A while ago, the TV world rejoiced when Showtime announced that they’re bringing Twin Peaks back on air after twenty five years since Agent Dale Cooper disappeared into the Black Lodge. But some things are too good to be true: David Lynch has now announced that he’s stepping down from the director chair of the project, citing payment issues with Showtime. While the network insists that the negotiations aren’t off the table, it’s not a good sign for the upcoming revival (if it does continue without Lynch).
While reports are circling that Lynch and co-creator Mark Frost have already finished all the scripts for the new episodes, Twin Peaks without David Lynch directing just wouldn’t work (and if you don’t believe me, you obviously didn’t see the second season). Much of the cast and crew has already sided with Lynch and it’s difficult not to see why. While I don’t know how much money Lynch wants, he’s the mastermind and creative voice behind the series. Losing him would mean losing the essence of Twin Peaks, and even if the new episodes don’t suck, the fan reaction will still be tepid just because Lynch didn’t direct them. Showtime needs Lynch, and seeing their current lackluster programming, so does everyone else.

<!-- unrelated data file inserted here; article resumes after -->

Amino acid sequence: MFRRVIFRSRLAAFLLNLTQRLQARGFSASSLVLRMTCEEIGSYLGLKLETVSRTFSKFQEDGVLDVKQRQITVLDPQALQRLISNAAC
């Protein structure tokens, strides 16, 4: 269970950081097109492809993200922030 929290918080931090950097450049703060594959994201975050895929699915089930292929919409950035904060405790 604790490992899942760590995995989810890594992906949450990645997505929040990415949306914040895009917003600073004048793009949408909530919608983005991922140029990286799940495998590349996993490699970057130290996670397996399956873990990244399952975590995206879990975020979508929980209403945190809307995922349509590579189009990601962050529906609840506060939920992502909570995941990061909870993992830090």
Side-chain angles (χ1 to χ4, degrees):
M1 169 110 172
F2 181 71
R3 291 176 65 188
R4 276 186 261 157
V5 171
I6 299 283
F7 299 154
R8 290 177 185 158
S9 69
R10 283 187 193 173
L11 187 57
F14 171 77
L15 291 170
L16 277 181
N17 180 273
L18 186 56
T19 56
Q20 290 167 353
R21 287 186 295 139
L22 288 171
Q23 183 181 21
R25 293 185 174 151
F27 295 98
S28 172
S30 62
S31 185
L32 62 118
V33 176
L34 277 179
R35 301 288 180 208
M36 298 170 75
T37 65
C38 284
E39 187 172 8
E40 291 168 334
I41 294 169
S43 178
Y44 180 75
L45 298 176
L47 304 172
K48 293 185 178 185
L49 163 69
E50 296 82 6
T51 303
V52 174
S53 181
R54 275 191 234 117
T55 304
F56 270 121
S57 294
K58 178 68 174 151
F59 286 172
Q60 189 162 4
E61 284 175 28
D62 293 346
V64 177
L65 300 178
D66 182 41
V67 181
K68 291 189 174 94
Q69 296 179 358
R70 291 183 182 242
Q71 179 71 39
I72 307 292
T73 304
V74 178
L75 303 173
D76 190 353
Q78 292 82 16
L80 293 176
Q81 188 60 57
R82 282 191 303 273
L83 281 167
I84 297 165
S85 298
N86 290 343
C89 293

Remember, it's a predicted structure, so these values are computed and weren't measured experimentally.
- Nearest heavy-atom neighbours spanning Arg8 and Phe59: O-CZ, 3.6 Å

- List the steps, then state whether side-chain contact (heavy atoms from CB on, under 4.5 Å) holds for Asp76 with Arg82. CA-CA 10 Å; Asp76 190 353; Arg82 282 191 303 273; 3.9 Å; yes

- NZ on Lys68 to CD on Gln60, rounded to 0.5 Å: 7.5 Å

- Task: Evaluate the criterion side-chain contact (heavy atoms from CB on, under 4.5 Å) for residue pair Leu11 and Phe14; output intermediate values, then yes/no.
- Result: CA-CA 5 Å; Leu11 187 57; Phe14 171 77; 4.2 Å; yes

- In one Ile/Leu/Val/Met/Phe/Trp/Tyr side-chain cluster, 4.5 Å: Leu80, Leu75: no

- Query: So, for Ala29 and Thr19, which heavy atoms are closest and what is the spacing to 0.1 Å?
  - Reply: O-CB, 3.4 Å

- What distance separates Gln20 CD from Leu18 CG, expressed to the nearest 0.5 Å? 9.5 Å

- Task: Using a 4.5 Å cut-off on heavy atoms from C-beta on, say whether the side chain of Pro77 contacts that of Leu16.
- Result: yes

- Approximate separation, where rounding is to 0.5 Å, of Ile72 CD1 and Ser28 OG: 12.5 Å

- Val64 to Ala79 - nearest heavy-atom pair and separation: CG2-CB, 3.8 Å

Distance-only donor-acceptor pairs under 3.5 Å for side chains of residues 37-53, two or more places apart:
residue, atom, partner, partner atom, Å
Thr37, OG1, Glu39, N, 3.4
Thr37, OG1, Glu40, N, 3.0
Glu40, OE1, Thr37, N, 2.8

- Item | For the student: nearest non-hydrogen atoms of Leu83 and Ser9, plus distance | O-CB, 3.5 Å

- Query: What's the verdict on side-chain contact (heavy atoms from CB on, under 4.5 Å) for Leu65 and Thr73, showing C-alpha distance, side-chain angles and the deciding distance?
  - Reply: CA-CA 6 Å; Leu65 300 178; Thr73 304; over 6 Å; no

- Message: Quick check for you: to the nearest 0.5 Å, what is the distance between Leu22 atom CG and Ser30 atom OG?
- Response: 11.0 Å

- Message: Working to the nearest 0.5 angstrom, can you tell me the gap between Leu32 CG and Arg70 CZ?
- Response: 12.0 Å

Showtime should take notes from Fox (something I’d never though I’d say), who are similarly rebooting The X-Files for a six-episode run, which has excited me even more than Twin Peaks‘ return. Fox has already signed contracts with creator Chris Carter as well as David Duchovny, Gillian Anderson, Mitch Pileggi, and William B. Davis, meaning that the episodes will happen the exact way fans want (and it’s likely that alumni like Vince Gilligan, Howard Gordon, Glen Morgan, and James Wong will return). Showtime should have gotten these deals ahead of time so Lynch would be obligated to work on the season before announcing the reboot; now they’re just setting up fans’ disappointment. The best thing they can do is suck it up and give Lynch what he wants, but I’m not sure things will go down that smoothly.
But what do you guys think? Can Showtime make Twin Peaks good without Lynch? Or will the whole project fall apart?
Here’s Anthrax’s “Black Lodge” to cheer up sullen Twin Peaks fans